Congress passed the Fair Debt Collection Practices Act in the late 70s "to eliminate abusive debt collection practices by debt collectors, to insure that those debt collectors who refrain from using abusive debt collection practices are not competitively disadvantaged, and to promote consistent State action to protect consumers against debt collection abuses."
It's time to update it a bit. I propose the following changes:
1. The statutory penalty for a violation is $1,000, actual damages, court costs, and attorney's fees. Pushing the costs of enforcement (attorney's fees and costs) onto the collectors was a compromise: collectors would dodge comprehensive federal oversight and regulation but would have to pay the cost of private enforcement. But! The $1,000 statutory penalty cap has not changed since 1977. The value of the dollar has changed greatly since 1977. According to the Bureau of Labor Statistics, $1,000 in 1977 is worth $3,859.36 in 2012 dollars. I'm not an unreasonable man, and I see the value of compromise. Raise the cap in 1692k to $2,500.00 and we'll call it even.
2. The FDCPA prohibits "false, deceptive, or misleading representation[s]." Is it deceptive to try and collect a debt that is passed its statute of limitations (that can no longer be enforced) without telling the consumer as much? It depends on the federal circuit! Outstanding circuit splits create inconsistent enforcement, which is bad. Trying to collect an expired debt from someone without telling them its expired is bad. Congress should add the following language to 1692e: "The following conduct is a violation of this section . . . Attempting to collect any debt that has passed its statute of limitation without disclosing that it has passed its statute of limitation in each communication with the consumer."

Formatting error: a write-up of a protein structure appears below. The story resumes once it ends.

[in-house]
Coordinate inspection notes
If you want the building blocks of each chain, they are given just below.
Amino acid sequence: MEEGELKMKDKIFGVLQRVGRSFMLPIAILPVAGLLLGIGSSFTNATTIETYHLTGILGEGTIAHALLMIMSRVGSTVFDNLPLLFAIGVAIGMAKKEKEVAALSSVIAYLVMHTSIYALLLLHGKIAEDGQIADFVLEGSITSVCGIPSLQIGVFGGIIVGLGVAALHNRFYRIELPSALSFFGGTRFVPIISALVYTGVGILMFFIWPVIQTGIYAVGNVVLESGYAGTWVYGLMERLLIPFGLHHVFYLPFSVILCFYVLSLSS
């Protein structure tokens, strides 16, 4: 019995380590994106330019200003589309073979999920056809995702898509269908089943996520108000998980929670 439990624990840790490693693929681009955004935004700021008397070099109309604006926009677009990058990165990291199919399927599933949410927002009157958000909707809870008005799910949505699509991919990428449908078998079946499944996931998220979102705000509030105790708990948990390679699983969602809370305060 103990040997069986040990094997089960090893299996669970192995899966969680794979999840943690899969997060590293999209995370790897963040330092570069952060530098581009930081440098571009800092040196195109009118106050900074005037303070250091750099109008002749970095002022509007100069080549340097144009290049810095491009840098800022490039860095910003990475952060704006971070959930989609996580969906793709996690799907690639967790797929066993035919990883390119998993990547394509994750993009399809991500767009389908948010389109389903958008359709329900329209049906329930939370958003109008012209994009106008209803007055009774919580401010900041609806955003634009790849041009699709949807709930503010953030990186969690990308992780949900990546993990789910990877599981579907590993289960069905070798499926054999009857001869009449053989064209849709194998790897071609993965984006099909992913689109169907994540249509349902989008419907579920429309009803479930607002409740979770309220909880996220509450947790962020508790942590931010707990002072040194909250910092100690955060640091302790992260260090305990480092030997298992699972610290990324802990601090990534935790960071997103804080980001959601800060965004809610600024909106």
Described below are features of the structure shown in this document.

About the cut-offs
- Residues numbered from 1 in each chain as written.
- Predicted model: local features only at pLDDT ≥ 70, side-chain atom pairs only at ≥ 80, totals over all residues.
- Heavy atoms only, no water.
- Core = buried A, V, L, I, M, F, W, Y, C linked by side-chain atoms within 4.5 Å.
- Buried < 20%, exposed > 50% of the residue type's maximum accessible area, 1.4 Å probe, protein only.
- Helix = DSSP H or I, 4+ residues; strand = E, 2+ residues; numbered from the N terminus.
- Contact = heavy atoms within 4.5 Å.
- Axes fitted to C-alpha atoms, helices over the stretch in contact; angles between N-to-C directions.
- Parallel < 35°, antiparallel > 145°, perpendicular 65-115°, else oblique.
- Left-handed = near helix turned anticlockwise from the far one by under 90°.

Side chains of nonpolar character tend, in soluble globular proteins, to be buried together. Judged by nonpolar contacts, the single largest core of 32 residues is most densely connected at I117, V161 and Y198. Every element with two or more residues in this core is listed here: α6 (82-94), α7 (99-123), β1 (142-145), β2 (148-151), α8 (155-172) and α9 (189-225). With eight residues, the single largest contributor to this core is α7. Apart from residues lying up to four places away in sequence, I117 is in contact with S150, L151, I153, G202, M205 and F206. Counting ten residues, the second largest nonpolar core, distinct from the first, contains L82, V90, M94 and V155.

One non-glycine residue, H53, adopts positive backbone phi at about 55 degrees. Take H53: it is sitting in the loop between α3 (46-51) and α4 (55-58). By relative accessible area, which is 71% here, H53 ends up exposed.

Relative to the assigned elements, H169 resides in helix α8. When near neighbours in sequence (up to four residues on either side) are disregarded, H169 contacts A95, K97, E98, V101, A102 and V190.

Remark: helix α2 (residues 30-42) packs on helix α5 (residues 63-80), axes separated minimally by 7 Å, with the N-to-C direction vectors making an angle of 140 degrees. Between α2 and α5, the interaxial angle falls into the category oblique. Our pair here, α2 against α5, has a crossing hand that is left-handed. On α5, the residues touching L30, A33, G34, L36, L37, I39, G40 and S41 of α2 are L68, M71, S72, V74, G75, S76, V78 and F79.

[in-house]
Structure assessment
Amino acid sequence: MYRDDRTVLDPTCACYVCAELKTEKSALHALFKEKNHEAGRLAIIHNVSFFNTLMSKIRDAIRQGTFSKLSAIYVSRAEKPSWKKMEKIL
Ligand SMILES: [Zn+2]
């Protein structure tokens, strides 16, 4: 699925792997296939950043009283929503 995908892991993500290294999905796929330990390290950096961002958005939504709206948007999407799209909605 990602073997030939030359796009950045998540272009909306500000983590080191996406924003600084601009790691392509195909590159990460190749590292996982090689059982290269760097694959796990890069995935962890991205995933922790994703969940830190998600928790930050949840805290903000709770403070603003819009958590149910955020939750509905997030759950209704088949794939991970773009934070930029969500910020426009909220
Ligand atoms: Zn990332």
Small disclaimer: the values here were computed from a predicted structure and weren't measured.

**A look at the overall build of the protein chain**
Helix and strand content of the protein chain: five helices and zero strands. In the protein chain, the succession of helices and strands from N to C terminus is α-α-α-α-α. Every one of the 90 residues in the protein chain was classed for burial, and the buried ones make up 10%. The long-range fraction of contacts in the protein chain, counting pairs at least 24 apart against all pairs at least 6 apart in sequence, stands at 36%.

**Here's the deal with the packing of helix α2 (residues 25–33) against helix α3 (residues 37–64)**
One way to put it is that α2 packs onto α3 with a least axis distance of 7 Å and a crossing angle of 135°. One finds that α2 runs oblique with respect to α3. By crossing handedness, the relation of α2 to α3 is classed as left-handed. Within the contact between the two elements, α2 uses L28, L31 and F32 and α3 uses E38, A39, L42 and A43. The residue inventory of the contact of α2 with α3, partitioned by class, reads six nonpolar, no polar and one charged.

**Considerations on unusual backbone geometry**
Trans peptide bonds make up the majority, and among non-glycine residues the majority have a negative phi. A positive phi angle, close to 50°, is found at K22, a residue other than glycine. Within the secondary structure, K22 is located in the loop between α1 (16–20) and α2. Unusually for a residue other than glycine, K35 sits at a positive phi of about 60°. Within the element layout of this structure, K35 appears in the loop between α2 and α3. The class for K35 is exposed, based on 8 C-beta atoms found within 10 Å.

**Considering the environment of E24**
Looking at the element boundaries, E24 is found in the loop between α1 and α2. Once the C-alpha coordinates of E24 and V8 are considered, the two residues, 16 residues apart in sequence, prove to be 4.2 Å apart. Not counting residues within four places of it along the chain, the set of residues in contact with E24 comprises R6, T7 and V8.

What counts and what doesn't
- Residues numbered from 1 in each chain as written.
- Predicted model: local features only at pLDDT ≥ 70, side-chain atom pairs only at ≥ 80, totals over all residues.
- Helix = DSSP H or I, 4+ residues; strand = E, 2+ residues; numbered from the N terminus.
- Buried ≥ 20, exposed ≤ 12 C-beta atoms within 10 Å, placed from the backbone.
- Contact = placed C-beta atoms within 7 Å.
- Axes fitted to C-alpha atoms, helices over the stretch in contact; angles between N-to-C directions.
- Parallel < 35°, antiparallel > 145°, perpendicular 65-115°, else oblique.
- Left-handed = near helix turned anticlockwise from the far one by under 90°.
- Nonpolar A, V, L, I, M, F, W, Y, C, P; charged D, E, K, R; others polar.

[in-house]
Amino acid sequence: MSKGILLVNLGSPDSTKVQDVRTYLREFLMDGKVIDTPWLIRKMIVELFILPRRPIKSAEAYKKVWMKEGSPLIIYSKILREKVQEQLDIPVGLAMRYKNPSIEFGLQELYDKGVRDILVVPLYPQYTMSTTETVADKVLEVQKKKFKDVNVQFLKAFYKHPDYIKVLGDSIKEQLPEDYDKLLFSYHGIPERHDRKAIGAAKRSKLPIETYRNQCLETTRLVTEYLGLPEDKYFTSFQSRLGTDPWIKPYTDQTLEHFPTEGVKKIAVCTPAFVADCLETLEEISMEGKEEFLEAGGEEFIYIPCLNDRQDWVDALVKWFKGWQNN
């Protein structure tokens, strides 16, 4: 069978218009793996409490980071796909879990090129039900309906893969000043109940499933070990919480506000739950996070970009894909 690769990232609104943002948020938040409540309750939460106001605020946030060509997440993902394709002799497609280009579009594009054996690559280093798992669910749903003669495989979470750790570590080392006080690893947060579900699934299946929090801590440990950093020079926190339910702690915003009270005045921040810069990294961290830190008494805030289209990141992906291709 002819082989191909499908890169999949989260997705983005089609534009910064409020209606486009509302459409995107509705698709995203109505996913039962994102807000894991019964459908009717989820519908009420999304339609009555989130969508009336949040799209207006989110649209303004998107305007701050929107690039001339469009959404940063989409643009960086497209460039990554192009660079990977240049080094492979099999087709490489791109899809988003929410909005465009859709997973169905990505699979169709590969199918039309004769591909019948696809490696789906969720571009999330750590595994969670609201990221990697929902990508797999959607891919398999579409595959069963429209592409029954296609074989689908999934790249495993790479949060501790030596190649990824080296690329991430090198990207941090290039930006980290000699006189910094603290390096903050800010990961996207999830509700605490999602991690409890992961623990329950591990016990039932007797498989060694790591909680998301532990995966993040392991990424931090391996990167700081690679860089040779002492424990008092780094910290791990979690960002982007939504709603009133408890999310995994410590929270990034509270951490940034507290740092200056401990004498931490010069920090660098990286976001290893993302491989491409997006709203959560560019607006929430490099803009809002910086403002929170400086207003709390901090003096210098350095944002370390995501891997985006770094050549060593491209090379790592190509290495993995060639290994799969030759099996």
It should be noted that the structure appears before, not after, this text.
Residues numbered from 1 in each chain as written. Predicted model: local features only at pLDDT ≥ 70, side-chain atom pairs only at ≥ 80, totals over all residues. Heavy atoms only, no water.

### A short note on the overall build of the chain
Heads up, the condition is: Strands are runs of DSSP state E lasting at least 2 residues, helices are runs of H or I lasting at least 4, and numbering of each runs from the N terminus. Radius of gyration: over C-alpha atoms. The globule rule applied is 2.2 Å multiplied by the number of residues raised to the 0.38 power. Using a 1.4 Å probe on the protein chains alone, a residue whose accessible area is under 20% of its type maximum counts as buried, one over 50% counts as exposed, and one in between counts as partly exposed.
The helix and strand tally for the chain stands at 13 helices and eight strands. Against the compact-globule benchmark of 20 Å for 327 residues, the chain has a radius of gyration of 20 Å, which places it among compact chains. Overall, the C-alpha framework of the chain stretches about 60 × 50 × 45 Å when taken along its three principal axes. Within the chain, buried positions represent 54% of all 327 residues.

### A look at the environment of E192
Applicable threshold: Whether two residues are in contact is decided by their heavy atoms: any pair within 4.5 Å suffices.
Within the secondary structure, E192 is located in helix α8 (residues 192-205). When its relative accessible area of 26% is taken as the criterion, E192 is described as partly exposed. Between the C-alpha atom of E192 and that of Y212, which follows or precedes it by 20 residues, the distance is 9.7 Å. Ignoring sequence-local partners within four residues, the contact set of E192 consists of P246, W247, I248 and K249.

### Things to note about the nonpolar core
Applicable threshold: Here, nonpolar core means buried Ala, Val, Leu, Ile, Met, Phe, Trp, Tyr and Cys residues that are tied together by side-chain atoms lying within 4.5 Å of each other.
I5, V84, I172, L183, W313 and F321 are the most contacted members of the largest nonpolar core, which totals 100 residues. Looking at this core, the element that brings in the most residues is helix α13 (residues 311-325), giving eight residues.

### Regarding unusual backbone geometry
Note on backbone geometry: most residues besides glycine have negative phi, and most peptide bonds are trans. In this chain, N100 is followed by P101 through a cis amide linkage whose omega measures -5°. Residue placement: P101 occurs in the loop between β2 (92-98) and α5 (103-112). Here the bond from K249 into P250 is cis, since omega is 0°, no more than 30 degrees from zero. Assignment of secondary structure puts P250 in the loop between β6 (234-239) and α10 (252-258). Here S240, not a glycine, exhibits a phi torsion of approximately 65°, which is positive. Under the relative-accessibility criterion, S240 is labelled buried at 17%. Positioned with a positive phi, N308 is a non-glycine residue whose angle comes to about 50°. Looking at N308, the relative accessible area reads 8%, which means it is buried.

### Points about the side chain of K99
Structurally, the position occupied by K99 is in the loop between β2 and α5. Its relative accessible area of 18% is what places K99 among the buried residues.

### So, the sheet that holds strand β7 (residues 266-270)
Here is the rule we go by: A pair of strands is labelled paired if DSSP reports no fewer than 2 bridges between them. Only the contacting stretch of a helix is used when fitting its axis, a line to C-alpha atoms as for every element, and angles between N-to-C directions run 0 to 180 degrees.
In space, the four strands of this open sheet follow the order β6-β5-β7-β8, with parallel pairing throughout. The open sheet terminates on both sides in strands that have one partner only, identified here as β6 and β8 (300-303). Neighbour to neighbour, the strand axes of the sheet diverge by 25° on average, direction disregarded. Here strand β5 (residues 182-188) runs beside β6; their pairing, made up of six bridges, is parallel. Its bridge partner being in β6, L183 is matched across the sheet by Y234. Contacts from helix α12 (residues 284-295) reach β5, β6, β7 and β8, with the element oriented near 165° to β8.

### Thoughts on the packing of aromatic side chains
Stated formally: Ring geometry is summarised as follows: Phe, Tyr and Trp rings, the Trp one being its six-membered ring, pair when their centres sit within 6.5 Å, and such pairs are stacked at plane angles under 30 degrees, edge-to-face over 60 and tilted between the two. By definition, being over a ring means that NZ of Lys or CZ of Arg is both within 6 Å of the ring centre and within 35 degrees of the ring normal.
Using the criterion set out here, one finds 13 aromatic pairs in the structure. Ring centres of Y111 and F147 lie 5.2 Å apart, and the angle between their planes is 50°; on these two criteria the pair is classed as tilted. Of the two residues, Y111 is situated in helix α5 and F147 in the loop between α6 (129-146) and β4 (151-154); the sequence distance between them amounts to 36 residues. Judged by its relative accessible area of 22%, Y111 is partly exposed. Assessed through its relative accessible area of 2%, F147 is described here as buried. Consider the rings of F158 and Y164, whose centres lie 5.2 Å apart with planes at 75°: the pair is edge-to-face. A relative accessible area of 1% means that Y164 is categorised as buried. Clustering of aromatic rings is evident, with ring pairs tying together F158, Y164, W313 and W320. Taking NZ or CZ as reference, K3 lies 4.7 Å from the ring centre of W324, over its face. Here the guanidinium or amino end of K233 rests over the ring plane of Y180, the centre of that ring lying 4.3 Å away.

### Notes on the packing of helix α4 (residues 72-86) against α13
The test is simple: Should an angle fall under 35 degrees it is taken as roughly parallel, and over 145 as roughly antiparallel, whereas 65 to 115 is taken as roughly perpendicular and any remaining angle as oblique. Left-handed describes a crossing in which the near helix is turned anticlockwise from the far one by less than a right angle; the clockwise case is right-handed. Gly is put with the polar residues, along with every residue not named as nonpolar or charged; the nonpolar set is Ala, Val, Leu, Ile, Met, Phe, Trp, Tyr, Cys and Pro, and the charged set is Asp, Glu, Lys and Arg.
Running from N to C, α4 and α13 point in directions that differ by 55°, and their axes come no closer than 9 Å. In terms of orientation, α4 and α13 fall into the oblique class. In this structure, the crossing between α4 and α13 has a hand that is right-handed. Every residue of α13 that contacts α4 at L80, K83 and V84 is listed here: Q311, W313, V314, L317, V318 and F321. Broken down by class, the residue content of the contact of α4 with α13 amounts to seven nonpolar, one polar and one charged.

3. "Debt collector" is defined too narrowly in 1692a. Currently it is "any person who uses any instrumentality of interstate commerce or the mails in any business the principal purpose of which is the collection of any debts, or who regularly collects or attempts to collect, directly or indirectly, debts owed or due or asserted to be owed or due another." Change "the principal purpose" to "a substantial purpose" to cover collection activities conducted by companies that frequently collect debts but that engage in other activities too. Why should their other activities somehow exclude them from liability for their collection?
More to come.
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